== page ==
Antiseptics in the era of bacterial resistance: a focus on povidone iodine

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Abstract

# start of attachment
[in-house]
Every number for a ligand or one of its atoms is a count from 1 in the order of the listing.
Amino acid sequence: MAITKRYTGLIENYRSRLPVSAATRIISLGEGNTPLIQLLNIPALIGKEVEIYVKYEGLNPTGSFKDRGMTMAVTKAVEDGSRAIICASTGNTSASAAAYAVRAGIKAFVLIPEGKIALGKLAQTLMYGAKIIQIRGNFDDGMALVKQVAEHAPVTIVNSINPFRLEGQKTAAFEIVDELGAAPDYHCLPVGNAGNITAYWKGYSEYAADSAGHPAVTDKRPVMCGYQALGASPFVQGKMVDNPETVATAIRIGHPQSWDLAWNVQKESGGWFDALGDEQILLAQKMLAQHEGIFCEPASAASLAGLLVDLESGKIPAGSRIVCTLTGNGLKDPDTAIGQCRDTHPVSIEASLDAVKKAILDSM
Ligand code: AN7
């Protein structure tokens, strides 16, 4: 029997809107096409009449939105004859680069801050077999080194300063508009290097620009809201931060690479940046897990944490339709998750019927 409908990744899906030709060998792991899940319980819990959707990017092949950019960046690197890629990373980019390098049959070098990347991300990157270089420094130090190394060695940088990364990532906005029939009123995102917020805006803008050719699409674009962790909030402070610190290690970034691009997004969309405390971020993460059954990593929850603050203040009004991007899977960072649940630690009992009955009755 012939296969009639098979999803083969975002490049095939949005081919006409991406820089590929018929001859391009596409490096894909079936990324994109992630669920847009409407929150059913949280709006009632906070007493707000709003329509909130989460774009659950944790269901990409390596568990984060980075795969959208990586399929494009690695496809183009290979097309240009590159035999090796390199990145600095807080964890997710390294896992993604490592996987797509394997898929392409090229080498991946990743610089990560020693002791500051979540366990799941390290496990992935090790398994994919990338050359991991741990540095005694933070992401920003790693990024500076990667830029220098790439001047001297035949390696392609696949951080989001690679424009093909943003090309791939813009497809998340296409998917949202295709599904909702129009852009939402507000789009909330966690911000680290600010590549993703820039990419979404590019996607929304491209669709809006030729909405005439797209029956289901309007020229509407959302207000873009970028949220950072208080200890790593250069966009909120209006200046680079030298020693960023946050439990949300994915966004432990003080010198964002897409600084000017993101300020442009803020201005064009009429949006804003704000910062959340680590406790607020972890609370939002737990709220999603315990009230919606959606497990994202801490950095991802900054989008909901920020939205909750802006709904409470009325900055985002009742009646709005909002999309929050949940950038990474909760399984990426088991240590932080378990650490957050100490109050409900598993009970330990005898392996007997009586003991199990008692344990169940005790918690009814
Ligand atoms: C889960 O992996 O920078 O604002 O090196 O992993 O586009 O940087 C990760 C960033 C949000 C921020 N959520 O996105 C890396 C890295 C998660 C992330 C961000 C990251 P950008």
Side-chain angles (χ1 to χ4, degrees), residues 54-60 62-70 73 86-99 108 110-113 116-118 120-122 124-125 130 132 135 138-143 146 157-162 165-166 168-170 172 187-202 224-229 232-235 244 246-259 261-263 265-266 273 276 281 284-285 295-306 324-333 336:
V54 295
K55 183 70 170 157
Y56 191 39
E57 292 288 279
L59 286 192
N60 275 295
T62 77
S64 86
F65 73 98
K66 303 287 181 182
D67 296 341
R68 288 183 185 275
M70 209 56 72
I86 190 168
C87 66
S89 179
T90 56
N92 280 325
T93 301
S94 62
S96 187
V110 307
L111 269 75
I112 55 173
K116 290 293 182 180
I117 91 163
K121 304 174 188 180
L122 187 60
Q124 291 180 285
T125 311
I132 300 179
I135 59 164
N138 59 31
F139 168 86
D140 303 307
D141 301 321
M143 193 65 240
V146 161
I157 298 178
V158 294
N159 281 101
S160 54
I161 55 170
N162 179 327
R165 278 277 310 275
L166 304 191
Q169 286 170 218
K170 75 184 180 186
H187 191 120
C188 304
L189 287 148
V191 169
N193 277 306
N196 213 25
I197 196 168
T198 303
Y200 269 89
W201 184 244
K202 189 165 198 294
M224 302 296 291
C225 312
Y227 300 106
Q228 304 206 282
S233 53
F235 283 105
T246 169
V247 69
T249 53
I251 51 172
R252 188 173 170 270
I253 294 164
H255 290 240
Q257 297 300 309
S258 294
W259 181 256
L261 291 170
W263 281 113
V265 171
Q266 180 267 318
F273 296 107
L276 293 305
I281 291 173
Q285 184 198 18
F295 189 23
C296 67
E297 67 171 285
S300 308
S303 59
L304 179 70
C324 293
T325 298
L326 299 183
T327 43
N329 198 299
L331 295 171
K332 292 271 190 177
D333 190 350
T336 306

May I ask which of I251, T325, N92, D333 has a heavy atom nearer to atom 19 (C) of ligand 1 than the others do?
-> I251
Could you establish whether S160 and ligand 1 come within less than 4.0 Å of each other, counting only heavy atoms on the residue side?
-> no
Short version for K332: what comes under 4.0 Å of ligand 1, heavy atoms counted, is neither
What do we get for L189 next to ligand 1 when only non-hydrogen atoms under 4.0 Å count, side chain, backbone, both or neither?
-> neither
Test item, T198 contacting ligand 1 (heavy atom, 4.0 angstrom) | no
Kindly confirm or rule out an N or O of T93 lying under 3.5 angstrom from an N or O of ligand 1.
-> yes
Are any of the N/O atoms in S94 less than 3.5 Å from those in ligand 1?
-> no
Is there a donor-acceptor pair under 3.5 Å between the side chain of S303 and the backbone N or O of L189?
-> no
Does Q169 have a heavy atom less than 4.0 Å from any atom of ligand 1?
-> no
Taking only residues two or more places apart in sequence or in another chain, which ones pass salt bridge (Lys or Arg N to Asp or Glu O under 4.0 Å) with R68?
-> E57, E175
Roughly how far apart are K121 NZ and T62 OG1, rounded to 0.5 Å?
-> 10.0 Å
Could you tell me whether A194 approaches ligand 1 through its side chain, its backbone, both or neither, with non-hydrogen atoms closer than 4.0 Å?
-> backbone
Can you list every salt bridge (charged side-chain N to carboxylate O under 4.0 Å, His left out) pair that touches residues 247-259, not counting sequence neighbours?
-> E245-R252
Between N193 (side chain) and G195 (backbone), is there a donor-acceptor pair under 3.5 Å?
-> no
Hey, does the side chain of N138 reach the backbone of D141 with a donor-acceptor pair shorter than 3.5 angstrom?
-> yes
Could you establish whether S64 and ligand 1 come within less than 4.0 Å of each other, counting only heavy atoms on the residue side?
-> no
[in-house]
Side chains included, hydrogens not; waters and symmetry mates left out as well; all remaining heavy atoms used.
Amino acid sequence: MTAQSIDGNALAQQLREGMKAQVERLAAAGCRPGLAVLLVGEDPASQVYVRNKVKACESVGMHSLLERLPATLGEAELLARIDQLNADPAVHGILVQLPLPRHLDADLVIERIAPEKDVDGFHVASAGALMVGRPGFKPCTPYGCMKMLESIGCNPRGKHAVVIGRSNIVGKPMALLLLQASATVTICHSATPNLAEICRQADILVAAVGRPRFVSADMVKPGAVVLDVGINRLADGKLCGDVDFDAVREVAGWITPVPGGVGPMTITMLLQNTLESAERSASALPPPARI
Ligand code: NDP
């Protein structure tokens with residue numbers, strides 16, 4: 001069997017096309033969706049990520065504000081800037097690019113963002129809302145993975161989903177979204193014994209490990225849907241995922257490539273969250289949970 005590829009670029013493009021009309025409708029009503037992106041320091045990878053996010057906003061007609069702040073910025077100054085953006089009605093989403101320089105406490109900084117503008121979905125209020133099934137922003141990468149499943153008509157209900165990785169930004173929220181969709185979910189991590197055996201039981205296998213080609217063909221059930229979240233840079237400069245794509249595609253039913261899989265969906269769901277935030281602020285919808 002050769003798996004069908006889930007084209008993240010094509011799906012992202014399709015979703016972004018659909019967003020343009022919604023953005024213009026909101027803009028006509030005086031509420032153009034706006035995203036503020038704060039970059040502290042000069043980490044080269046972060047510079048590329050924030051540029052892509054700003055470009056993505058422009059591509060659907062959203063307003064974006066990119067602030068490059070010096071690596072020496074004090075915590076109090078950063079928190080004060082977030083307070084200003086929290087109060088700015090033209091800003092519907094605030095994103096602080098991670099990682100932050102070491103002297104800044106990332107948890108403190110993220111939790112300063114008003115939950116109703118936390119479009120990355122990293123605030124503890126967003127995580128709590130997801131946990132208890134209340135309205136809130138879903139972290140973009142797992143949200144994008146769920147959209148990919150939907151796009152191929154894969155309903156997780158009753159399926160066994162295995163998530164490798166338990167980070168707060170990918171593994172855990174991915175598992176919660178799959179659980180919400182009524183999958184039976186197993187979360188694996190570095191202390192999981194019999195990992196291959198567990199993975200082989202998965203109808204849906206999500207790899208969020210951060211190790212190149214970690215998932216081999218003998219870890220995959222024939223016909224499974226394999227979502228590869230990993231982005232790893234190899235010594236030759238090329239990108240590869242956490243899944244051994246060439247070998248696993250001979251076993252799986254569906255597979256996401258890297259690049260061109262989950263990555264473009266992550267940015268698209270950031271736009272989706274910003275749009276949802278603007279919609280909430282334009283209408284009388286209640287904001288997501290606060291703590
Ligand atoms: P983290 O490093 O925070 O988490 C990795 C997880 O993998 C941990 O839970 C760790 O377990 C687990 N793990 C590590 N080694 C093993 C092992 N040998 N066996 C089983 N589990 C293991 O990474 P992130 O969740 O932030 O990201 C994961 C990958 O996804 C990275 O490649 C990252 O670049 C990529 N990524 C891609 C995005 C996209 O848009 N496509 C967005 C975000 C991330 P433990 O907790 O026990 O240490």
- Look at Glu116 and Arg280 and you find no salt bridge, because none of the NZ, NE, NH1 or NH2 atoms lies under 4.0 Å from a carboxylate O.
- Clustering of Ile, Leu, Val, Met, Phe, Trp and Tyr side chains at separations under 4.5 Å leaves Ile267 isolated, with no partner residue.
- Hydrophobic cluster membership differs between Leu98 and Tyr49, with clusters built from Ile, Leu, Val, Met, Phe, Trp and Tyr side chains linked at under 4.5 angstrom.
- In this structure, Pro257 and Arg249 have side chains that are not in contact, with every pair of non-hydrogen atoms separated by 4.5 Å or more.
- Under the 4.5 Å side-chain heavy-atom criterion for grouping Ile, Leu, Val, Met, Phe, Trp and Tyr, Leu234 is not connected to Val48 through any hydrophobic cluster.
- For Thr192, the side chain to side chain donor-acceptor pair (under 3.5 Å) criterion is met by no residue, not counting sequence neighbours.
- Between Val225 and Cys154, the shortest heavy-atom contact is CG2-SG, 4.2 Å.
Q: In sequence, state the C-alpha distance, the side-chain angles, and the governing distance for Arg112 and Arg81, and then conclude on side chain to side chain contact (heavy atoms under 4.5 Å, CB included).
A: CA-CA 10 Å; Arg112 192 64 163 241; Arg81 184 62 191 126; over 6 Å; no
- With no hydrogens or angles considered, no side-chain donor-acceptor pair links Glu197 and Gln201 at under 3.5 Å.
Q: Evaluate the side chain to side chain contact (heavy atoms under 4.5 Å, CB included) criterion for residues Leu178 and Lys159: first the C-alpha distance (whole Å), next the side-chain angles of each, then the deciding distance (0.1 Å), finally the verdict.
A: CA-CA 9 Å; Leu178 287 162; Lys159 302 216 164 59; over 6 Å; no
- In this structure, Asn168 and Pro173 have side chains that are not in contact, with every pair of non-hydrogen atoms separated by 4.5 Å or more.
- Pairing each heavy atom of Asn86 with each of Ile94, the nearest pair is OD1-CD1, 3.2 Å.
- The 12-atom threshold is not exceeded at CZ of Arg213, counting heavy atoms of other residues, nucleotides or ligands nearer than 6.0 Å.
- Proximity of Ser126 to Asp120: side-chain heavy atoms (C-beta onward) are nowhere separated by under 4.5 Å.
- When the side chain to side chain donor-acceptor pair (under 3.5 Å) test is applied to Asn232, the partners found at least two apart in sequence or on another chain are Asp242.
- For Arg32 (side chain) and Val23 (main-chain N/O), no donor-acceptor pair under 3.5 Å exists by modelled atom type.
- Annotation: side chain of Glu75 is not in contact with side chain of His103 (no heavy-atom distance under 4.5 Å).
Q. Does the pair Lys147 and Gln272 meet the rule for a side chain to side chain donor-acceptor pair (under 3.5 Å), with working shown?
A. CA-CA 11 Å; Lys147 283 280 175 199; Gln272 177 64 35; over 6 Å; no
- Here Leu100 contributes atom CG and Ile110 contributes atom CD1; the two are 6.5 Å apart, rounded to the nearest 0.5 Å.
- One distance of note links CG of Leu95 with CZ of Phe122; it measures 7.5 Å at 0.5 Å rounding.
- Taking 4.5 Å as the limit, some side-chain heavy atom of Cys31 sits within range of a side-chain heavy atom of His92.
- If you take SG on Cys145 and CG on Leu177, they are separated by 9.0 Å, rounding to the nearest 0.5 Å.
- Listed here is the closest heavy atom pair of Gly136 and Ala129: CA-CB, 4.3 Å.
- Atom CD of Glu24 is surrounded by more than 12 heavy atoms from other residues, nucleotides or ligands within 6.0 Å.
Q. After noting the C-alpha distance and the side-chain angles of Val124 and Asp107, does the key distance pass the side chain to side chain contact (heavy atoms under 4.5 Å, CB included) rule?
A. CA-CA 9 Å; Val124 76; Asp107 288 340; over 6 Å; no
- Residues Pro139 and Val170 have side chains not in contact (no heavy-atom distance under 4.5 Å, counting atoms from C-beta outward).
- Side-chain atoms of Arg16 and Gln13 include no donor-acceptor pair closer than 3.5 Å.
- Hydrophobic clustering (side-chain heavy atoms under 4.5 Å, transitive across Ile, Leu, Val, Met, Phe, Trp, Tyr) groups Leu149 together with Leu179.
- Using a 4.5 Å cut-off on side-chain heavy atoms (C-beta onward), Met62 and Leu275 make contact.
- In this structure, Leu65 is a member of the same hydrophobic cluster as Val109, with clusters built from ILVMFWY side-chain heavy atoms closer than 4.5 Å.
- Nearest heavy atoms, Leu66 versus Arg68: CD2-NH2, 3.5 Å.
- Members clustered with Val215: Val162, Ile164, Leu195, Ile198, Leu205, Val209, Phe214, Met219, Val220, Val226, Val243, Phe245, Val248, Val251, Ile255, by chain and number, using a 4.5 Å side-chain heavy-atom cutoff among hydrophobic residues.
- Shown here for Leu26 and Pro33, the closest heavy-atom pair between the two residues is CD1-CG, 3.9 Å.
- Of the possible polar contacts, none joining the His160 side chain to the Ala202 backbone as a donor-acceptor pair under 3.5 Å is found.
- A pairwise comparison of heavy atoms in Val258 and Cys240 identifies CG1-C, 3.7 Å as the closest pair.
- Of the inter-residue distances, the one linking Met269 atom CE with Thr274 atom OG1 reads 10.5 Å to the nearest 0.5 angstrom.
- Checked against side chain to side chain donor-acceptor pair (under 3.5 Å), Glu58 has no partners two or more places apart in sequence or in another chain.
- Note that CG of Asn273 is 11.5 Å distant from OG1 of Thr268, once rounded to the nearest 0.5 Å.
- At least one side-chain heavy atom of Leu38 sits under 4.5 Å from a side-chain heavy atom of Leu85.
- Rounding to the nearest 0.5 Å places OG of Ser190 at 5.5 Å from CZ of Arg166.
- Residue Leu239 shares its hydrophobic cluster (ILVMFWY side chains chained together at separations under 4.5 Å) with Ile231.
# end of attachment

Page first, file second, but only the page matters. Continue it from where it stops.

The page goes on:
Antiseptics have broader spectrums of antimicrobial activity than antibiotics and a much lower risk of bacterial resistance selection. Antiseptics are therefore appropriate alternatives to antibiotics for the management of localized superficial skin infections. Povidone iodine has the broadest spectrum of antimicrobial activity of the available antiseptics, and has a rapid and persistent microbicidal effect. It is active against Gram-positive and -negative bacteria, bacterial spores, fungi, protozoa and several viruses, including H1N1 influenza virus (swine flu). It also has good skin tolerance, and is only a weak allergen: it is rarely associated with immediate allergic reactions, which are more prevalent with chlorhexidine. It has also been shown to promote wound healing. Although additional data are needed from well-designed clinical trials, povidone iodine 10% can be considered as a first-choice antiseptic for the prevention and treatment of superficial skin infections.

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